|Intuitive Surgical is facing a new lawsuit over its da Vinci robotic surgical device.--Courtesy of Intuitive Surgical|
Intuitive Surgical ($ISRG) is facing more legal pushback from shareholders who claim that the company underreported adverse events and concealed recalls from the FDA related to its robotic surgical device, MassDevice reported.
The City of Birmingham Relief & Retirement System filed a federal shareholder lawsuit in the U.S. District Court for Northern California against the Sunnyvale, CA-based company, accusing its board and management of "failing to make a good-faith effort to ensure that Intuitive complied with applicable laws and FDA regulations governing the safety of medical devices designed to protect the health of the American public," according to court documents cited by MassDevice.
According to the lawsuit, the company "grossly underreport(ed)" complications caused by its da Vinci robotic surgical system, and hid at least three voluntary recalls to warn hospitals about the device's malfunctioning tip cover, which resulted in the burning of patient's internal tissue.
Intuitive's only product, the da Vinci robotic surgery device system, uses a "targeted electrical charge to cut and cauterize a patient's tissue during surgery," and was initially approved by the FDA for laparoscopic procedures like gallbladder and gastroesophageal surgery, according to a 67-page redacted complaint obtained by Courthouse News Service. Intuitive makes 43% of its profits from da Vinci sales, and gets the rest of its revenue from selling accessories for the device and service agreements, the complaint stated.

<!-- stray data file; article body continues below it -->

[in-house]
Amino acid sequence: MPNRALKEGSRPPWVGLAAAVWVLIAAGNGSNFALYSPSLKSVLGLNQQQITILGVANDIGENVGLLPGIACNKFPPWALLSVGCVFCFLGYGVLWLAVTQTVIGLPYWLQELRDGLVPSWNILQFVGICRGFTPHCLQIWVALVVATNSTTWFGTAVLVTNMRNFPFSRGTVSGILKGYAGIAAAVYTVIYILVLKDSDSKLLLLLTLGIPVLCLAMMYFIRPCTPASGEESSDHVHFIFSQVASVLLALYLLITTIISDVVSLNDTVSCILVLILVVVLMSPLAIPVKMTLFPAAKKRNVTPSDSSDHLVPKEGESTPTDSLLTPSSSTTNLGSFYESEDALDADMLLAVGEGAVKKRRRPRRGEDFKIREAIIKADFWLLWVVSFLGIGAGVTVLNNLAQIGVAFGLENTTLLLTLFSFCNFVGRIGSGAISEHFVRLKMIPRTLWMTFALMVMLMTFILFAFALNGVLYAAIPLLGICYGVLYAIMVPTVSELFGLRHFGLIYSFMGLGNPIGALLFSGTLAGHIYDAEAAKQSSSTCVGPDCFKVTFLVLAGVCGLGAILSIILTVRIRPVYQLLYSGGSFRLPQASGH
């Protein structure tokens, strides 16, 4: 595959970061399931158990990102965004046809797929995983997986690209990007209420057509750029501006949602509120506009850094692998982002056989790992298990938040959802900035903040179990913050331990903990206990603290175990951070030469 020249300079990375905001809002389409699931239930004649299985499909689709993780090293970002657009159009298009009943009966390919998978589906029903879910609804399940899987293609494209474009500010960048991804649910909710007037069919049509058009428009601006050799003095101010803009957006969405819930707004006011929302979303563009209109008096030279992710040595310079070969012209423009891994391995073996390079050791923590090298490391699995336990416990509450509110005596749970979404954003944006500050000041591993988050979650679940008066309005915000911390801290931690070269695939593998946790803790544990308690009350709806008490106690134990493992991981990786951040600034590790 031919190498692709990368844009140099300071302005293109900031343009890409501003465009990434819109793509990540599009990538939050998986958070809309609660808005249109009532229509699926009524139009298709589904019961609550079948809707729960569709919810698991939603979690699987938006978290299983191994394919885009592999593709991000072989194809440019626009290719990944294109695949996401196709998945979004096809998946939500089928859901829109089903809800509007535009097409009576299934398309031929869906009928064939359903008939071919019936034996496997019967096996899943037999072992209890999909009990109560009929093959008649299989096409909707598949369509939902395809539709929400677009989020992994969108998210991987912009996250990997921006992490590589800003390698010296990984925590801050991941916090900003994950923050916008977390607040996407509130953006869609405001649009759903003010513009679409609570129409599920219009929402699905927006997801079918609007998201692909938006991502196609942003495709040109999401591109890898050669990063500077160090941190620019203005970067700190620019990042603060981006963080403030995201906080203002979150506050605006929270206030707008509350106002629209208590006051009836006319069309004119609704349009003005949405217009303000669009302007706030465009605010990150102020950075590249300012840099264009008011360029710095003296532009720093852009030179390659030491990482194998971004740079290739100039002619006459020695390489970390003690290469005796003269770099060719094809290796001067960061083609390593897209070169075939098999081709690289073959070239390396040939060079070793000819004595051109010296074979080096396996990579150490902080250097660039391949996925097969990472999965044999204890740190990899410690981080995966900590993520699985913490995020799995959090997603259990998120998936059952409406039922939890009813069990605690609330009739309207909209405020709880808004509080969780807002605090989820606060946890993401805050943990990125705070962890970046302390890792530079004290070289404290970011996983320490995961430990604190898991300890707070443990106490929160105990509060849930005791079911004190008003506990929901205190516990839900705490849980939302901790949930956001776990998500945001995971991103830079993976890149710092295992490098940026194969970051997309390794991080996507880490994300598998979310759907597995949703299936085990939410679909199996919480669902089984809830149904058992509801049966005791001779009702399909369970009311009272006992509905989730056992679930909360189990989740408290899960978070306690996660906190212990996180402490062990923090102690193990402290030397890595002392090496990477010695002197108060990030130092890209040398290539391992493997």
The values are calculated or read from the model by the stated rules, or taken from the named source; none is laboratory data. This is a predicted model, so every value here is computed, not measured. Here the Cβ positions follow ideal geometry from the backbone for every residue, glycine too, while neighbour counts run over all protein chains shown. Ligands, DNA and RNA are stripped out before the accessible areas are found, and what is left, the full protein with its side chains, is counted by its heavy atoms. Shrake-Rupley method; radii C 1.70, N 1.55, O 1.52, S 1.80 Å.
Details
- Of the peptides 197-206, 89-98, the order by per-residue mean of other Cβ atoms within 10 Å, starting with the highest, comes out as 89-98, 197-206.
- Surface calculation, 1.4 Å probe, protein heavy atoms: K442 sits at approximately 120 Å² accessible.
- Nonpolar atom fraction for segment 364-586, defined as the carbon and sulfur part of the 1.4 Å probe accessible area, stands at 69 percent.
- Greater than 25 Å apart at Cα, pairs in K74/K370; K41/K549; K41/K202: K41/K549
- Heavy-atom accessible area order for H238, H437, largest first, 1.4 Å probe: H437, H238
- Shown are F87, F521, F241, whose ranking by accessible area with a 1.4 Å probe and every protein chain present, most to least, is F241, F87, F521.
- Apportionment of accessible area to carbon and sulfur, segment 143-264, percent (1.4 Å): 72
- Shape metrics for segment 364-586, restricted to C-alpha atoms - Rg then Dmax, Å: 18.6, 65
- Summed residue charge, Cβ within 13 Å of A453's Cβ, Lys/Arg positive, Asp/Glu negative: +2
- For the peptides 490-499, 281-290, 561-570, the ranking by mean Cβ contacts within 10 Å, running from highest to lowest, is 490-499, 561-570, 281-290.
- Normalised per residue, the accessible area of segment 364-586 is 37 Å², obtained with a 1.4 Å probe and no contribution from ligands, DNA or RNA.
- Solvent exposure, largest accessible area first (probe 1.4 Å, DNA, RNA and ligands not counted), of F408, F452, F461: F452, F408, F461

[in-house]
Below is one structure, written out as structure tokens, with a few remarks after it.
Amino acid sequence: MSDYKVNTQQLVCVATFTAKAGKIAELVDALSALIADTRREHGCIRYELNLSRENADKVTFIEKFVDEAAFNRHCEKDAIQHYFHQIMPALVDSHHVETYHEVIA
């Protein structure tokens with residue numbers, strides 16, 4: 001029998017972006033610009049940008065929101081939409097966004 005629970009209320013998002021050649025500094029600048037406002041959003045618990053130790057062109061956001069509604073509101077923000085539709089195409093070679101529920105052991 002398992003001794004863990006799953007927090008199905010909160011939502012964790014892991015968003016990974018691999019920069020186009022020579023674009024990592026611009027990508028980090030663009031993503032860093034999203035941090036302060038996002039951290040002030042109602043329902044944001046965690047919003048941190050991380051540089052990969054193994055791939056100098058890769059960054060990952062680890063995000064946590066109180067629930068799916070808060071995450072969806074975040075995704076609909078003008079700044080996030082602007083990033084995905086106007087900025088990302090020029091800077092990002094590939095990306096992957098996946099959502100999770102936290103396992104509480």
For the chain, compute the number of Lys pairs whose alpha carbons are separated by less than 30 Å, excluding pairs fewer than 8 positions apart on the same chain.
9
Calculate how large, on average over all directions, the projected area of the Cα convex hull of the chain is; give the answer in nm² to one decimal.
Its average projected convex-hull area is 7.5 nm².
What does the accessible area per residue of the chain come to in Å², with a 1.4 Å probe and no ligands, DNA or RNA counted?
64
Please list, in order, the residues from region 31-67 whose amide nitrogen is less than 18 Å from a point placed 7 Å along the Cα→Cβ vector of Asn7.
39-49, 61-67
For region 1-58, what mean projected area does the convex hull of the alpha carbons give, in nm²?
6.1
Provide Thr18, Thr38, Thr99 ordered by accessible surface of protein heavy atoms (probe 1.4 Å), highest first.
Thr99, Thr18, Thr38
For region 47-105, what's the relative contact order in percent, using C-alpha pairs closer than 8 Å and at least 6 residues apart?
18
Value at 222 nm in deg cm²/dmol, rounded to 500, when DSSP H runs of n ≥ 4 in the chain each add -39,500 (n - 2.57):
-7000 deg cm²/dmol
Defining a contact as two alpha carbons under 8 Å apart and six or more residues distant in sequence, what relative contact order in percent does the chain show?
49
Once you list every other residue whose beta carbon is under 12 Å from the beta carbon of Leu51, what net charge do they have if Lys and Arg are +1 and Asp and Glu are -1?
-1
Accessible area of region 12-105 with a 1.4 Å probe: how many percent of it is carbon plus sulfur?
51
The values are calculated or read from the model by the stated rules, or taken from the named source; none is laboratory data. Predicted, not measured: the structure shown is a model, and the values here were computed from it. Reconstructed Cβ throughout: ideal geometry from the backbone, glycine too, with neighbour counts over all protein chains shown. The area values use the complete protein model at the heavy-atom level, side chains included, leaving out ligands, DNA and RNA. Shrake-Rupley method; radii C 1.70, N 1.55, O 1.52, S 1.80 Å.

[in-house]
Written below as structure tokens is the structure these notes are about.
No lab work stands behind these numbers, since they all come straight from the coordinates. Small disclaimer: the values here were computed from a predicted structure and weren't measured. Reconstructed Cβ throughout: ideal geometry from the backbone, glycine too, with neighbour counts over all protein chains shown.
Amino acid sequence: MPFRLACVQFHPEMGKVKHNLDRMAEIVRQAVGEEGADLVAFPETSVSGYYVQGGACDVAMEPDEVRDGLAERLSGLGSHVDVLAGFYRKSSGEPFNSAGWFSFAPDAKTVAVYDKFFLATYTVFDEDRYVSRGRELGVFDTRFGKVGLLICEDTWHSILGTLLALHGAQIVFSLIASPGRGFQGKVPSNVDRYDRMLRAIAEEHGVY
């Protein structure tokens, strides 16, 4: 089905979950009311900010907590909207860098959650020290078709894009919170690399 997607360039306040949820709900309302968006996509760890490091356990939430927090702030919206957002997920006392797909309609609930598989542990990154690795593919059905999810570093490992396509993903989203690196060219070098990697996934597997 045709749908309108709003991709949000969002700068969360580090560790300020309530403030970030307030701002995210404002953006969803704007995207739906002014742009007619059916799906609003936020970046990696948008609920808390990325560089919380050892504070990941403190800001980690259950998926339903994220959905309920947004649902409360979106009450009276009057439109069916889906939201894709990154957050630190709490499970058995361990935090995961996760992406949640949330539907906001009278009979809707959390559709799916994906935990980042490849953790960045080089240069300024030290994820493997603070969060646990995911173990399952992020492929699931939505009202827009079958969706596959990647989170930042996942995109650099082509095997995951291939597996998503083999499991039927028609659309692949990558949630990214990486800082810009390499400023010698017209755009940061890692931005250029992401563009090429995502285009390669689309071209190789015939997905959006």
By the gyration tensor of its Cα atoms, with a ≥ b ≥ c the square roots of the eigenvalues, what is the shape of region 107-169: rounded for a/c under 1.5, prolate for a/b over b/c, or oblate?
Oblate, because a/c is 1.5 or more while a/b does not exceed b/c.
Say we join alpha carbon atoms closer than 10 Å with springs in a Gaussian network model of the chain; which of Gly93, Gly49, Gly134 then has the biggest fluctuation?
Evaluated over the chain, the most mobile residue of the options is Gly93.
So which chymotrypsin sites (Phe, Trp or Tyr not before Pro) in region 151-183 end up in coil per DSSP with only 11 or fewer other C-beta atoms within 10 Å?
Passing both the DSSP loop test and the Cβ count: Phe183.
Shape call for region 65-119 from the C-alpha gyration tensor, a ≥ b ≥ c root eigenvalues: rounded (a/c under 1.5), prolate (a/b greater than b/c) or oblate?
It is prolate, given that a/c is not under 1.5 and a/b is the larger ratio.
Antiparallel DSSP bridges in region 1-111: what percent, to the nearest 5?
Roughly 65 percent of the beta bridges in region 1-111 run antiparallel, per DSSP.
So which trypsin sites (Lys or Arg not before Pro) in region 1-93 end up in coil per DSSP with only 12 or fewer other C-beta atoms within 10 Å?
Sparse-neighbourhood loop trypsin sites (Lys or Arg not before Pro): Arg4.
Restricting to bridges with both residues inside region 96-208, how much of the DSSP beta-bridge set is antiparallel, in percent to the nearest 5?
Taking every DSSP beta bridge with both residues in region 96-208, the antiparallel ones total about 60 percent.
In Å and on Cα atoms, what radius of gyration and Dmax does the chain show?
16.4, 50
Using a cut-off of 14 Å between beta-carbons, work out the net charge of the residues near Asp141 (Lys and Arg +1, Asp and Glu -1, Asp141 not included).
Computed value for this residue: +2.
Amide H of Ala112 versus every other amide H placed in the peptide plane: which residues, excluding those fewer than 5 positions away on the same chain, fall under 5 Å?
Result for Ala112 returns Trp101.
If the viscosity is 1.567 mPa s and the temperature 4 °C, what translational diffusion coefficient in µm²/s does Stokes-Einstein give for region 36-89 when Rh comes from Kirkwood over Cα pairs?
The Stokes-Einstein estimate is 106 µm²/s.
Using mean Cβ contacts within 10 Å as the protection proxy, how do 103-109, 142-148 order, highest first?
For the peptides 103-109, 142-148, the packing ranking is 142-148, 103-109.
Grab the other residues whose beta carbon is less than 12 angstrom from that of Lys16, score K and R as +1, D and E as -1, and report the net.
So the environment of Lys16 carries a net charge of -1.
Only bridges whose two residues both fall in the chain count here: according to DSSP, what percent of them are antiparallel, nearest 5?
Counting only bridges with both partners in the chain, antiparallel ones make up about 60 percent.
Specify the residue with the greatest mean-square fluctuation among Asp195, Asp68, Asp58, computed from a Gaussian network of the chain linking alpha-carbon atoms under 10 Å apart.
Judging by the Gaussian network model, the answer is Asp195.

Shareholders claim the company's board knew as early as October 2011 about severe injuries and deaths related to the device, but concealed the problems from regulators. In 2013, the FDA slapped Intuitive with a warning letter for underreporting adverse events, and later issued an "urgent medical device recall" for 1,300 of the company's da Vinci robot arms.
The lawsuit also accuses top level company management of participating in $113 million of insider trading. Shareholders said CEO Gary Guthart, CGO Marshall Mohr and former CEO Lonnie Smith sold large percentages of their holdings in the company at a time when they knew investors would uncover quality and safety issues.
Shareholder ire is not the only battle Intuitive faces: The company is also dealing with 76 product liability lawsuits, suits from insurers which accused the company of withholding claims, and a securities class action complaint, according to a complaint obtained by Courthouse News Service.
Legal action does not bode well for Intuitive, which recently reported a 5% drop in revenue for Q4 2013 and a $60 million decrease in sales for its da Vinci robot. Guthart called 2013 a "challenging year" in an earlier earnings call--but whether the company can bounce back from its latest set of obstacles is anyone's guess.